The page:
"The scalp microbiome: what does it do for my hair? What is its definition? "

36 years old


"Dear Eddy,
Thanks for asking, we were looking forward to talking about the microbiome! What is the microbiome and how can it be defined? It’s an ecosystem, a quasi-microscopic but totally fantastic world. Our scalp is home to small populations of microorganisms, the microbiota. To put it simply, the microbiome is the house and the microbiota are the inhabitants! There are thousands of microbiomes and microbiota, but we are interested in the one on the skin and especially the scalp. 

The microbiota is an integral part of the scalp surface. It consists of bacteria, yeast and viruses (nice viruses). This little world lives in peace on our skulls, in harmony and especially in symbiosis. As with any ecosystem, it's all about balance: as long as these populations regulate themselves and grow equally, everything is fine! The diversity of the microbiota helps to stabilize the pH of the scalp and stimulates our immune system. It allows us to maintain a healthy scalp, which plays an important role in hair beauty. Problems arise when the balance is upset. Oh there can be numerous causes, as many internal as external: alteration of the hydrolipidic film, inflammations of the skin barrier, production of sebum, stress, pollution, etc.

The rupture of this fragile balance will prolong and amplify problems with the scalp. It may be responsible for the appearance of dandruff: don't point the finger at the microbiota, it didn't start it! But it is definitely the one who will accentuate the problem by supporting the accumulation of Malassezia, a yeast which feeds off the excess production of sebum and flaking and thus create the conditions for the appearance of more and more dandruff. "


René's advice for rebalancing the scalp microbiome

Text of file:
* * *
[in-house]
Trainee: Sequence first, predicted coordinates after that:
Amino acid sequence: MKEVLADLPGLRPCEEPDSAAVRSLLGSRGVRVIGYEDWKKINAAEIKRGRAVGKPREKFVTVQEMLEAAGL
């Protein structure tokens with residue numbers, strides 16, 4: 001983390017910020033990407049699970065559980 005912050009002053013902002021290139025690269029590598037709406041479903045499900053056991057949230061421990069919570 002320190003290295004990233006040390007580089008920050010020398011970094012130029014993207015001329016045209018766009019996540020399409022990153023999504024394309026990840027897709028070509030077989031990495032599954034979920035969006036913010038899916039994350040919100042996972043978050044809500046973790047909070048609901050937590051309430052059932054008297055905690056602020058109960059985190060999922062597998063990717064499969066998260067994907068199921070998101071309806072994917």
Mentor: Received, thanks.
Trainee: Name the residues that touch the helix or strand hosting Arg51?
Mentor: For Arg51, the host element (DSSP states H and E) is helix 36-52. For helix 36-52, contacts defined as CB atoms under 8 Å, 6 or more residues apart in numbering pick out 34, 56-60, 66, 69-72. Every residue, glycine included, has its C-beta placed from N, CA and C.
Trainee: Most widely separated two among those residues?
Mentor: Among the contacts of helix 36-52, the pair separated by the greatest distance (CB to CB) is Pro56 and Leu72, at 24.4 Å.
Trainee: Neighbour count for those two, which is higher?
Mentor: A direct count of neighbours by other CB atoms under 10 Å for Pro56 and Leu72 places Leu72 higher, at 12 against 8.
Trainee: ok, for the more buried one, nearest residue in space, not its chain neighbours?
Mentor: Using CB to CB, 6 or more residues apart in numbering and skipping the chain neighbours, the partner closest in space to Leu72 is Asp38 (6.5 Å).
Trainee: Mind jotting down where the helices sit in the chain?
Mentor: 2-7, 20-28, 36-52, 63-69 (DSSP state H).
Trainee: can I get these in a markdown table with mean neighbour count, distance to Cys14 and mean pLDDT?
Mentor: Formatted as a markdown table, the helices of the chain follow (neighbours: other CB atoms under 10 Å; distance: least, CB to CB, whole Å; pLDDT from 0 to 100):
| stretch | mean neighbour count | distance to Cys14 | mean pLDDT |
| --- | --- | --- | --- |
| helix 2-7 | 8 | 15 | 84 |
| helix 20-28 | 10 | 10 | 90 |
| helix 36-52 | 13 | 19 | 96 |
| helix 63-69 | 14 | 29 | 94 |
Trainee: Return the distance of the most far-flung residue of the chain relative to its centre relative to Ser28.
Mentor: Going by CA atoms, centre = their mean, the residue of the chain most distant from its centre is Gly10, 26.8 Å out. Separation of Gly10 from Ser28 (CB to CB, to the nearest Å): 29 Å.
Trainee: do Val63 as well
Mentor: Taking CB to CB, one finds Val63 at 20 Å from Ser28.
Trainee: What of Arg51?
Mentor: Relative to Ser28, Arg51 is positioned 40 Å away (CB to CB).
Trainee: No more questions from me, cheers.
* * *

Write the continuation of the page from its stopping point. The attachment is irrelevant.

What can you do to rebalance your microbiome? Be aware that only a clinical examination can reveal the condition of your microbiome. This being said, the microbiota is a true marker of the advancement of problems and pathologies. You will therefore quickly feel the effects of an imbalance: discomfort, itching, dandruff, irritation and loss of hair strength are factors you should look out for.

The idea is to help your scalp restore its natural balance. For this you can turn to ranges specifically designed to address the scalp microbiome. It’s important to choose adapted products because it is not a question of eradicating a whole category of micro-organisms, that would create an even greater imbalance, but rather of putting each one back where it belongs! At René Furterer we have created the Neopur Microbiome Expert range for dandruff: these scalp-friendly, anti-dandruff shampoos specifically target Malassezia yeast to rebalance the microbiome. You can also look at other causes of this imbalance: work on your stress, review the basics of your diet, evaluate the daily pollution you are exposed to, reflect on your hair care routine and delay the most aggressive treatments. You may not hear your microbiota applauding but your scalp will thank you!